It’s been hard to miss the recent media coverage of the result of a clinical trial by researchers in America, reporting that a man with advanced melanoma (a form of skin cancer) has been successfully treated using his own immune cells.
The story’s been spread by headlines such as “Man beats skin cancer after being treated with five billion clones of his own immune cells”
“Clone cell cancer ‘cure’ hailed” and “Cancer ‘cured‘ by cell clones” . Cancer Research UK’s team of spokespeople have also been busy doing radio and TV interviews, explaining the science behind the story.
But what have the researchers actually done – and is it really a “breakthrough” and a “cure” for melanoma?
The first thing to point out is the use of the word “result” (singular) in the first paragraph of this post. We’re talking about one man on an early-stage clinical trial that involved a number of other patients who weren’t so lucky. So it’s a bit early to get excited about a “cure” for people with advanced melanoma– a condition that is currently extremely difficult to treat.
But this is a very exciting piece of research, for a couple of reasons. Firstly, many researchers – including several labs funded by Cancer Research UK – are working on immunotherapy, developing treatments that can harness the power of the immune system to fight cancer. At the very least, this positive result is a sign that we’re all heading in the right direction.
Secondly, the work is exciting from a scientific point of view. We’ll look in more detail at what the scientists actually did – but first we need to do a little bit of immunology.
Our immune system is made up of many different types of white blood cells, but this story focuses on a particular sub-group of white cells called ‘T’ cells. There are two main types of these – killer T cells, also known as CD8+ cells (so-called because they carry a protein called CD8 on their surface), and helper T cells, known as CD4+ cells. When you have an infection, the helper T cells literally ‘help’ the killers to recognise infected cells, pointing them in the right direction and producing special molecules to aid the killer cells as they destroy their targets.
Many scientists working on cancer immunotherapy have been looking at ways to purify killer T cells from the body, ‘train’ them to recognise cancer cells and multiply them in the lab, before transplanting them back into a patient (see our recent post about it here). This approach has had some success, because it’s relatively easy to isolate and grow killer cells.
The down side of this approach is that killer T cells don’t live for very long in the body, so any immune response to a tumour is likely to be short-lived. However, helper T cells last much longer (for several months), and they can orchestrate a much bigger immune response. But, until now, scientists have been unable to purify them and grow them in the lab in sufficient numbers to use as a treatment.
Step forward Dr Cassian Yee and his team, at the Fred Hutchinson Cancer Research Centre in the US. They have used a new technique to isolate and grow helper T cells in the lab. In fact, they were able to grow up to 5 billion T helper cells to transplant.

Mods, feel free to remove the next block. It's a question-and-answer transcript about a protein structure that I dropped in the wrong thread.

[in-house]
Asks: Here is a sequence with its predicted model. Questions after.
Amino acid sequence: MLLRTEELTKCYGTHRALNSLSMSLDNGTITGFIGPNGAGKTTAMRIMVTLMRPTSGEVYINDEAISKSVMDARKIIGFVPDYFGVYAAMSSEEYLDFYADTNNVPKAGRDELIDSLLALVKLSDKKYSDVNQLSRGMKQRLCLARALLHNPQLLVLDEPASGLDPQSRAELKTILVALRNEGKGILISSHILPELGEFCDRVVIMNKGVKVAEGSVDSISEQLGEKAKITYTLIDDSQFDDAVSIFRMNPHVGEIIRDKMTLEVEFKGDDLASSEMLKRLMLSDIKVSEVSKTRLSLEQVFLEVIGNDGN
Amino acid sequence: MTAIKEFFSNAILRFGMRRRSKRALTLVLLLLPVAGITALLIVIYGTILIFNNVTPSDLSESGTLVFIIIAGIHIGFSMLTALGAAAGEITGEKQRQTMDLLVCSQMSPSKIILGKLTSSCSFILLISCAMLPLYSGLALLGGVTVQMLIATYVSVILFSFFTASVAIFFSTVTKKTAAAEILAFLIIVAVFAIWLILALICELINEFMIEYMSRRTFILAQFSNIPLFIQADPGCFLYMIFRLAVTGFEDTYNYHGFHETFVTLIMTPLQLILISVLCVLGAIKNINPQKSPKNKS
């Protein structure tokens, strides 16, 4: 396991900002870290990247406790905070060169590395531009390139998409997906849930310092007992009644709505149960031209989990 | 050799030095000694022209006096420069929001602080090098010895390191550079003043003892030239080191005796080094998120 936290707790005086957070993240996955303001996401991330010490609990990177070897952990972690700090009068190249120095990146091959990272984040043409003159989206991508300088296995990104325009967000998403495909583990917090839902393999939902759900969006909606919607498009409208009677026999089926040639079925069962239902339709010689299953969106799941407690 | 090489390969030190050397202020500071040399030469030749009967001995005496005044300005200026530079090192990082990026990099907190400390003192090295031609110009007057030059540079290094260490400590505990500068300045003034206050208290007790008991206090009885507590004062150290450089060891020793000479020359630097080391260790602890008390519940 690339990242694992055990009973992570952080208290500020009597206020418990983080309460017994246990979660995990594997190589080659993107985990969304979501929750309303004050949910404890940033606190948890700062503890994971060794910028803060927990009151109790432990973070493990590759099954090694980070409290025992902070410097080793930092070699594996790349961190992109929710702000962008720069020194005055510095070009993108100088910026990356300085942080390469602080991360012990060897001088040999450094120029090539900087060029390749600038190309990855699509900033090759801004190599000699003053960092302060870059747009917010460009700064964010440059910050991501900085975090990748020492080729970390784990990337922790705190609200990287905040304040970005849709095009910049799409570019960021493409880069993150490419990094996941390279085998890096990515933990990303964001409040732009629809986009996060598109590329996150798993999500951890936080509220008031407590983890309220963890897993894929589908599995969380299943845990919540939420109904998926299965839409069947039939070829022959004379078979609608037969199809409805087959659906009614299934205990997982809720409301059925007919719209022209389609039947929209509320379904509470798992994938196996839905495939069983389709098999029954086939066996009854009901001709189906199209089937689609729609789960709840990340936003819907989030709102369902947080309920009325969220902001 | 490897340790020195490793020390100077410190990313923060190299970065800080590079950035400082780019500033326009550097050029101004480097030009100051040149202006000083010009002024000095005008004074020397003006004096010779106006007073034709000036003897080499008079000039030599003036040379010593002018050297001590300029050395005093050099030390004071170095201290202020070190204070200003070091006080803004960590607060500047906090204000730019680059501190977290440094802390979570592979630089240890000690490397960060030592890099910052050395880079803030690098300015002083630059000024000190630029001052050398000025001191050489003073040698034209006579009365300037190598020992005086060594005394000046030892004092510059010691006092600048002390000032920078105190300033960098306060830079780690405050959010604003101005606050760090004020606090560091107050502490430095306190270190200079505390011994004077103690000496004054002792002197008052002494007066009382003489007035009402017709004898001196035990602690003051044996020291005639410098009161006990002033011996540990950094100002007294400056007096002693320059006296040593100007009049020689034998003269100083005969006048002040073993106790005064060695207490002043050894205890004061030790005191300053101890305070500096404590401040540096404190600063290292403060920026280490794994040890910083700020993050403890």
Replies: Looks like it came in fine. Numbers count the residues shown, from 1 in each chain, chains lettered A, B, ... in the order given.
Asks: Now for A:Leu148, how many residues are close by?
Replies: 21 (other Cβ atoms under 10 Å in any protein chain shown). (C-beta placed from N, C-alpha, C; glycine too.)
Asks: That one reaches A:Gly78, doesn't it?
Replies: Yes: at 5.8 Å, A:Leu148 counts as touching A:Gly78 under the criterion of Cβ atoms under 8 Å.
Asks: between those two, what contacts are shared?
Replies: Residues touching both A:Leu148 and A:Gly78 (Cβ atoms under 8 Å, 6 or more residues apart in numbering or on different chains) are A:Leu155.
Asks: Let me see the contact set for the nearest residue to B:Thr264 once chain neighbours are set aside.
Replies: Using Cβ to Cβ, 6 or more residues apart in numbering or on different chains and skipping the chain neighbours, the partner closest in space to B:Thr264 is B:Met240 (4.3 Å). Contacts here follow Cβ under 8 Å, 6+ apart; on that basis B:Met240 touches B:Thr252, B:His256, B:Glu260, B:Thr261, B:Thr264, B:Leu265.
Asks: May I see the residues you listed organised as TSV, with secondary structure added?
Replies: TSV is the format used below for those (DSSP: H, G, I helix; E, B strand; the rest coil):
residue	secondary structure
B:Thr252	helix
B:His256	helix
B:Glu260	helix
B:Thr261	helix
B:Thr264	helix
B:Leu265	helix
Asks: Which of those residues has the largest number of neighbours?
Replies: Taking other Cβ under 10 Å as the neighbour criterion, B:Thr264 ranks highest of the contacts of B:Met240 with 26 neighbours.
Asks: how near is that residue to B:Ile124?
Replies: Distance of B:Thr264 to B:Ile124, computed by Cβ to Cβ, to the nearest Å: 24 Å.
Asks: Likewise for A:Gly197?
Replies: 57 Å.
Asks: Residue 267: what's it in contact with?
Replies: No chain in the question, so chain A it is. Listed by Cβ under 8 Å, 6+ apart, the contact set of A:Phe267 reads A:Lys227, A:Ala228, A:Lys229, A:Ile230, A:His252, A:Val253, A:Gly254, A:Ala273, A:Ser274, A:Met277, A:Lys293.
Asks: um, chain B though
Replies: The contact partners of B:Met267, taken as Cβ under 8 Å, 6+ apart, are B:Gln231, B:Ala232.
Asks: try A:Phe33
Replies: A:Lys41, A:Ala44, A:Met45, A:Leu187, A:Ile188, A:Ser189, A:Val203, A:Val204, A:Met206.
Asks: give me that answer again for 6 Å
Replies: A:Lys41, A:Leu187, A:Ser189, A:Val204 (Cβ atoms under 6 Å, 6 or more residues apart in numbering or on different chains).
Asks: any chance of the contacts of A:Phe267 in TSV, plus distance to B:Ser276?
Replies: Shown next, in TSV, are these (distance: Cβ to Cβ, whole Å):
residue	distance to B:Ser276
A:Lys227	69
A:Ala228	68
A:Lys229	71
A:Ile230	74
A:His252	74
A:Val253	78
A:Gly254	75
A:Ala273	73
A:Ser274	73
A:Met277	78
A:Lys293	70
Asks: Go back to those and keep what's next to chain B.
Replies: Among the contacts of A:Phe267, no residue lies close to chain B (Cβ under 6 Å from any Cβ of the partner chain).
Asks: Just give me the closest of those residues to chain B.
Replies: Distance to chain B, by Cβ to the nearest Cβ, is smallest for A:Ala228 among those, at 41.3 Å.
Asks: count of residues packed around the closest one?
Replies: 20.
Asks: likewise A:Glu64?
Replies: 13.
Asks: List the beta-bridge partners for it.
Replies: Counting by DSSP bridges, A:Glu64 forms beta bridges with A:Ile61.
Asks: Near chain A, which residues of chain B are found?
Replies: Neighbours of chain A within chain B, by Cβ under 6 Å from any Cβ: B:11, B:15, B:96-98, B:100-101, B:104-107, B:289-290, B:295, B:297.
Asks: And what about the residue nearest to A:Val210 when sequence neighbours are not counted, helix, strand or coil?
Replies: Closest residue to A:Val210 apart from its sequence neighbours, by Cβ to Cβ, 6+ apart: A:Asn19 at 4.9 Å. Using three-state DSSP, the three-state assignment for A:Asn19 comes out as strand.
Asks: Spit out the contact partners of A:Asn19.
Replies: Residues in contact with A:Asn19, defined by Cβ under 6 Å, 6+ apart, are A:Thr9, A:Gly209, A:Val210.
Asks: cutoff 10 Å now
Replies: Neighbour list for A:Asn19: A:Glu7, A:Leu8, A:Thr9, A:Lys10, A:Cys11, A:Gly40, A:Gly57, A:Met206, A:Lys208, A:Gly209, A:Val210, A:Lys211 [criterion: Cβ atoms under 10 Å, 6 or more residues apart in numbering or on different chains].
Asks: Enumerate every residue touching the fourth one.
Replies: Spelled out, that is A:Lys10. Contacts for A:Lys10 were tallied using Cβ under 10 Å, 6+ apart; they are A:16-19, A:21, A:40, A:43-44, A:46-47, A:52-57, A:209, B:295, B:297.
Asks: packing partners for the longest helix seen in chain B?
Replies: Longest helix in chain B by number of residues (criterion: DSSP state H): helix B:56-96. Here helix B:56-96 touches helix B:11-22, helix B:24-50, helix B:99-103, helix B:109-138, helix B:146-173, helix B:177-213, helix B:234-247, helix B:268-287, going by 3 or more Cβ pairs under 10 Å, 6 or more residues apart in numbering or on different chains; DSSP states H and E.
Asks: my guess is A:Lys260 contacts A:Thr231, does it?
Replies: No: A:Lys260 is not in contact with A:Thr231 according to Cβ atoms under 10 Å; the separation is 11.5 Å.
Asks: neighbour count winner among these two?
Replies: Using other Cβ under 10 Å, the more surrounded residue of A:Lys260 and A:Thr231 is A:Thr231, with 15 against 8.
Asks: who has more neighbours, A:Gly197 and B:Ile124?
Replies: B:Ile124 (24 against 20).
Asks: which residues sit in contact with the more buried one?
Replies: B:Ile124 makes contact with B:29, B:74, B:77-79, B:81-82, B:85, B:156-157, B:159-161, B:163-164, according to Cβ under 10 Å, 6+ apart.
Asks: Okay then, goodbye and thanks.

What makes this more interesting is the fact that the helper T cells had been ‘trained’ to tell killer T cells to home in on a specific molecule found on the patient’s melanoma cells. The researchers achieved this by isolating another type of immune cell, called dendritic cells, from the patient, and treating them with the melanoma molecule (as described in this earlier blog post). These dendritic cells then ‘train’ the helper T cells to co-ordinate an immune response and marshal killer T cells to destroy cancer cells carrying that molecule.
But although only half to three-quarters of the patient’s cancer cells carried the ‘trigger’ molecule, all of them were destroyed by the immune system. This tell us that the helper cells may be provoking a much wider immune response – an intriguing finding indeed.
And, fortunately for this one patient, his helper T cells provoked a large enough immune response to completely eradicate his tumours. He has now been free from cancer for 2 years.
It’s too early to shout about a “cure” for advanced melanoma,.But this research is definitely a step along the way to a new breed of cancer treatments, and we welcome it.
In the words of Peter Johnson, Cancer Research UK’s chief clinician, “This is another interesting demonstration of the huge power of the immune system to fight some types of cancer. Although the technique is complex and difficult to use for all but a few patients, the principle that someone’s own immune cells can be expanded and made to work in this way is very encouraging for the work that Cancer Research UK and others are carrying out.”
If you’d like to find out more about some of the immunotherapy work that Cancer Research UK is funding, check out these scientists from our Research Highlights pages: Dr Facundo Batista, Professor Tim Illidge, and Professor Christian Ottensmeier.